To develop this skill, practice breathing every three strokes, alternating which side you take in air. This way, you’ll become comfortable taking in air from both sides while keeping your eyes on any obstacles or changes in water conditions.
Sighting and Navigation
Sighting is the ability to look up and identify your surroundings while swimming, like checking for buoys and other landmarks. As you can imagine, this is another crucial skill to know for open water swimming to ensure you don’t go off course.
To sight effectively, integrate a quick glance with your regular breathing cycle – lift your head and gaze forward just enough to spot landmarks without disrupting your stroke rhythm. Focus on easily identifiable objects, such as trees, buildings, or unusual-shaped embankments, especially in rough water.
Swimming in open water might require you to modify your stroke to handle various conditions like waves, currents, and other swimmers nearby. A slightly shorter and faster stroke can be beneficial in maintaining momentum and avoiding obstacles.
Additionally, pay attention to your arm recovery by clearing your hands higher above the water to avoid dragging them through waves, while also preserving energy. Flexibility and the ability to adjust are vital aspects of open water swimming.
Pacing can play a significant role in your success during open water swims. Unlike pool swimming, where lanes and walls create consistency, open water presents unpredictable elements that require careful adaptation.
To improve your pacing, start at a comfortable pace, taking time to acclimate to the water conditions, and gradually increase your speed based on your comfort and energy levels. Monitoring your pace helps conserve energy in adverse conditions and keeps you in control of your swim in wavy open water situations.
Frequently Asked Questions
How does temperature affect swimming performance in open water vs. a pool?
Water temperature can have a significant impact on your swimming performance. In open water, the temperature can vary widely and affect your breathing, muscle performance, and body’s ability to regulate temperature. In comparison, pool temperatures are generally consistent and regulated to provide optimal conditions for swimmers. You’ll need to adapt to the changing conditions when swimming in open water, and keeping warm or cool may become more critical depending on the temperature.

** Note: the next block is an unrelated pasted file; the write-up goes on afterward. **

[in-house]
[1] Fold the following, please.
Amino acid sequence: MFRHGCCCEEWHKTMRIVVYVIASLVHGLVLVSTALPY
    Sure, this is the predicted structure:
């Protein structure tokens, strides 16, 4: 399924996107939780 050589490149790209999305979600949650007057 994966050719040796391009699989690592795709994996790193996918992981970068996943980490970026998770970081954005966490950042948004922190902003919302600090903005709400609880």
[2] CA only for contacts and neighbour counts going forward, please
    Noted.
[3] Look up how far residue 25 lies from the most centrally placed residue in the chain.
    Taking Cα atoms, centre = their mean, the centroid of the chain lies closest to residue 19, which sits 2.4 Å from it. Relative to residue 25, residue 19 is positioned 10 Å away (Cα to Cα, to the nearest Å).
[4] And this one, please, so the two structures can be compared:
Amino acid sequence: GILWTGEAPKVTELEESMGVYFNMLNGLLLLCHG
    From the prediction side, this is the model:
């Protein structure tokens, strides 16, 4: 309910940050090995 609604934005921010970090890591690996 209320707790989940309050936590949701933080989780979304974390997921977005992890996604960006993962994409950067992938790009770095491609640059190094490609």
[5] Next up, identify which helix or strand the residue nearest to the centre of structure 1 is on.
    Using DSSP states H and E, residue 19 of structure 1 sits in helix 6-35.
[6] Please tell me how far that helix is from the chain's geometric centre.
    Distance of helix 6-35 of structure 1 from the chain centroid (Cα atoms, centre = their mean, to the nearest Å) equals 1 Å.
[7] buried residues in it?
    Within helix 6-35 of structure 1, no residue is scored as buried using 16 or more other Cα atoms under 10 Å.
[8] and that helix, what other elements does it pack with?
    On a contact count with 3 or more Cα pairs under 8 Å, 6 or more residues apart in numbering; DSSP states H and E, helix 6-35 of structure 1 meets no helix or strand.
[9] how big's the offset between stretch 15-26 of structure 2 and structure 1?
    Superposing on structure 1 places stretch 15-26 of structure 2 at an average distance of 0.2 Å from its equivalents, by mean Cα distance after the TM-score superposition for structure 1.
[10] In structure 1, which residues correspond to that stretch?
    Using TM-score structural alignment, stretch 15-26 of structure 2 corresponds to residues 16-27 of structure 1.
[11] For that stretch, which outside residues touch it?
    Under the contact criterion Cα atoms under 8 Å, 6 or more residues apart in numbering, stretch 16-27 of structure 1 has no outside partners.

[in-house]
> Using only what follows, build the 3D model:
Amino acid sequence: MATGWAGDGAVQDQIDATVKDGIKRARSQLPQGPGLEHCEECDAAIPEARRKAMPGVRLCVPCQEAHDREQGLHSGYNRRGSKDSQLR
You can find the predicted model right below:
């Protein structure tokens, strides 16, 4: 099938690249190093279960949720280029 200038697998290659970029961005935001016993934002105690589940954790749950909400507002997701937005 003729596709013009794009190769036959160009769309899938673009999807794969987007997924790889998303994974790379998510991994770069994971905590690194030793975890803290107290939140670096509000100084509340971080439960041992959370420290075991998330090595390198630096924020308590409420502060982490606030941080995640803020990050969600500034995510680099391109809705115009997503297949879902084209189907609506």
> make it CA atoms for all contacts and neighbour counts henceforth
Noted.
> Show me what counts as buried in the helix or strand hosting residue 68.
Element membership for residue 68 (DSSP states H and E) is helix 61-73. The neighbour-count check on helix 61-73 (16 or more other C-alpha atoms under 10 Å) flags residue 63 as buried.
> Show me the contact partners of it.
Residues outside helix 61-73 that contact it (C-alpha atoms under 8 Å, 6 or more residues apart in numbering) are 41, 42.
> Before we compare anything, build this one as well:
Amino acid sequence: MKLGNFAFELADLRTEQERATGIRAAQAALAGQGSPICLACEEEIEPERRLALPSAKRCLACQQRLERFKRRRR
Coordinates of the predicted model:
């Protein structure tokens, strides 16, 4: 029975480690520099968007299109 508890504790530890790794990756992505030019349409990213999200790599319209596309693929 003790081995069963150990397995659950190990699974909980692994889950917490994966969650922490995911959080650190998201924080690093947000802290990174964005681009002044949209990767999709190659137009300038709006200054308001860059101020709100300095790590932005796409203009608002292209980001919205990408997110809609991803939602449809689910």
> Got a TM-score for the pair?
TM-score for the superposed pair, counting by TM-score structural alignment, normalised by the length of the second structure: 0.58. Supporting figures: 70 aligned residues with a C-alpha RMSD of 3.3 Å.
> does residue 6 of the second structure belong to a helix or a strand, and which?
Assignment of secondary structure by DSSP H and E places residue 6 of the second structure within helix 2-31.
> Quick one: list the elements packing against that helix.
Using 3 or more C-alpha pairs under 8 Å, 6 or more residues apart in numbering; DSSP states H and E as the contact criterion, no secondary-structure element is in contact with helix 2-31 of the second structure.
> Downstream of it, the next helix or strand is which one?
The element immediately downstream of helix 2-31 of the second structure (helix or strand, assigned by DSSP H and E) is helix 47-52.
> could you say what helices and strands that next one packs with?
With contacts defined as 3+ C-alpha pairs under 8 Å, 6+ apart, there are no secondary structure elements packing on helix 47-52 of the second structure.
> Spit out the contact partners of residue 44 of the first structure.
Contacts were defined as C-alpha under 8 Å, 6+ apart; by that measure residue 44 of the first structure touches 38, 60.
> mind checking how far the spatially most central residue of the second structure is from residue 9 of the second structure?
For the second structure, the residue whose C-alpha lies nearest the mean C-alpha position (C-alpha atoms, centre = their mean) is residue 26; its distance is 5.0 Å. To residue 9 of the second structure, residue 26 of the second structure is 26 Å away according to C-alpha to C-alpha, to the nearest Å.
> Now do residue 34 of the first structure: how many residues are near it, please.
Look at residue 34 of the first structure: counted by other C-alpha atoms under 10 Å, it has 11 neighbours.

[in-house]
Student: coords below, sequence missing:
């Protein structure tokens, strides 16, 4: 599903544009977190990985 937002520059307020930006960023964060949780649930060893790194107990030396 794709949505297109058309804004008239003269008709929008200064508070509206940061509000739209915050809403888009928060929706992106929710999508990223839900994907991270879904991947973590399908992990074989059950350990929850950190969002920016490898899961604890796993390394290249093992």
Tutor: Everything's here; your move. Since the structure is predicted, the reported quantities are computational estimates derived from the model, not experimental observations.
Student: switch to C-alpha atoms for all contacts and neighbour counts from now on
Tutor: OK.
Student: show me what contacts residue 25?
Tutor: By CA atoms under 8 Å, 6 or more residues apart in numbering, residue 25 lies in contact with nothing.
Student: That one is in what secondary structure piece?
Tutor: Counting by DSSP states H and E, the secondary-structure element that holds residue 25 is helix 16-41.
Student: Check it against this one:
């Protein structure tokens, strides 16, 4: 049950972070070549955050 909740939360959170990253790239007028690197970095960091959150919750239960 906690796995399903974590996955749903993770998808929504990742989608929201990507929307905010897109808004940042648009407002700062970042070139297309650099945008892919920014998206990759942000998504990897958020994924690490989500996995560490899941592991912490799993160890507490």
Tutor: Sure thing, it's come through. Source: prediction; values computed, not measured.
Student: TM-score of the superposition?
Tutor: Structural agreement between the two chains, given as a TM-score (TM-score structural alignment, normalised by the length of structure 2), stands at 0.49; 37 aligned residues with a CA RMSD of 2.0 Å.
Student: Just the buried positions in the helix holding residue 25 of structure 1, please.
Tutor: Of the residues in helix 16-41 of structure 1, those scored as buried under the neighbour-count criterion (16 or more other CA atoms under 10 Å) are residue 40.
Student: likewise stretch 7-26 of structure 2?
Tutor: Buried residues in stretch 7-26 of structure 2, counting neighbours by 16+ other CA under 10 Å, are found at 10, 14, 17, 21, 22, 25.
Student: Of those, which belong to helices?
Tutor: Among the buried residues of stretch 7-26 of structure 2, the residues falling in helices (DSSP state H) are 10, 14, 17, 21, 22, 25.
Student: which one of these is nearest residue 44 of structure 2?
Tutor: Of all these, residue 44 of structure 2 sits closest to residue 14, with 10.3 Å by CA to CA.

What are the main technique differences between open water and pool swimming?
Open water swimming requires different techniques and skills compared to swimming in a pool. You’ll need to learn how to sight efficiently to navigate in cloudier waters and improve your breathing techniques to minimize water intake. Additionally, open water swimming often involves dealing with waves, currents, and other environmental factors that can influence your stroke and body positioning. In a pool, you can focus on technique and pace in controlled, calm water.
Why do people tend to swim slower in open water compared to a pool?
Swimming in open water can be harder for a variety of reasons. The uncontrolled water conditions, such as waves and currents, can slow you down and affect your stroke efficiency. You also have to navigate and adjust your body position more frequently in open water, which can further reduce your speed.
Is it more challenging to swim in a lake or ocean than a swimming pool?
Yes, swimming in a lake or ocean is generally more challenging than swimming in a pool. Open water environments have uncontrollable factors like waves, currents, water temperature fluctuations, and lower visibility. These challenges require a different skill set and make it harder to maintain a consistent pace and technique compared to pool swimming.
What are the disadvantages of open water swimming compared to pool swimming?
Some disadvantages of open water swimming include dealing with unpredictable water conditions and environmental factors, the potential for disorientation due to lower visibility, increased difficulty in maintaining a consistent pace, and potential hazards such as marine life or debris. Pool swimming offers a more controlled environment, allowing you to focus on technique and pace without these extra challenges.
How do open water and pool swimming times typically compare?
Open water swimming times can be harder to compare with pool swimming times due to the differences in conditions, navigation, and environmental factors. Your open water swim times may be slower as a result of these challenges and the need to modify your technique to accommodate the unique open water conditions.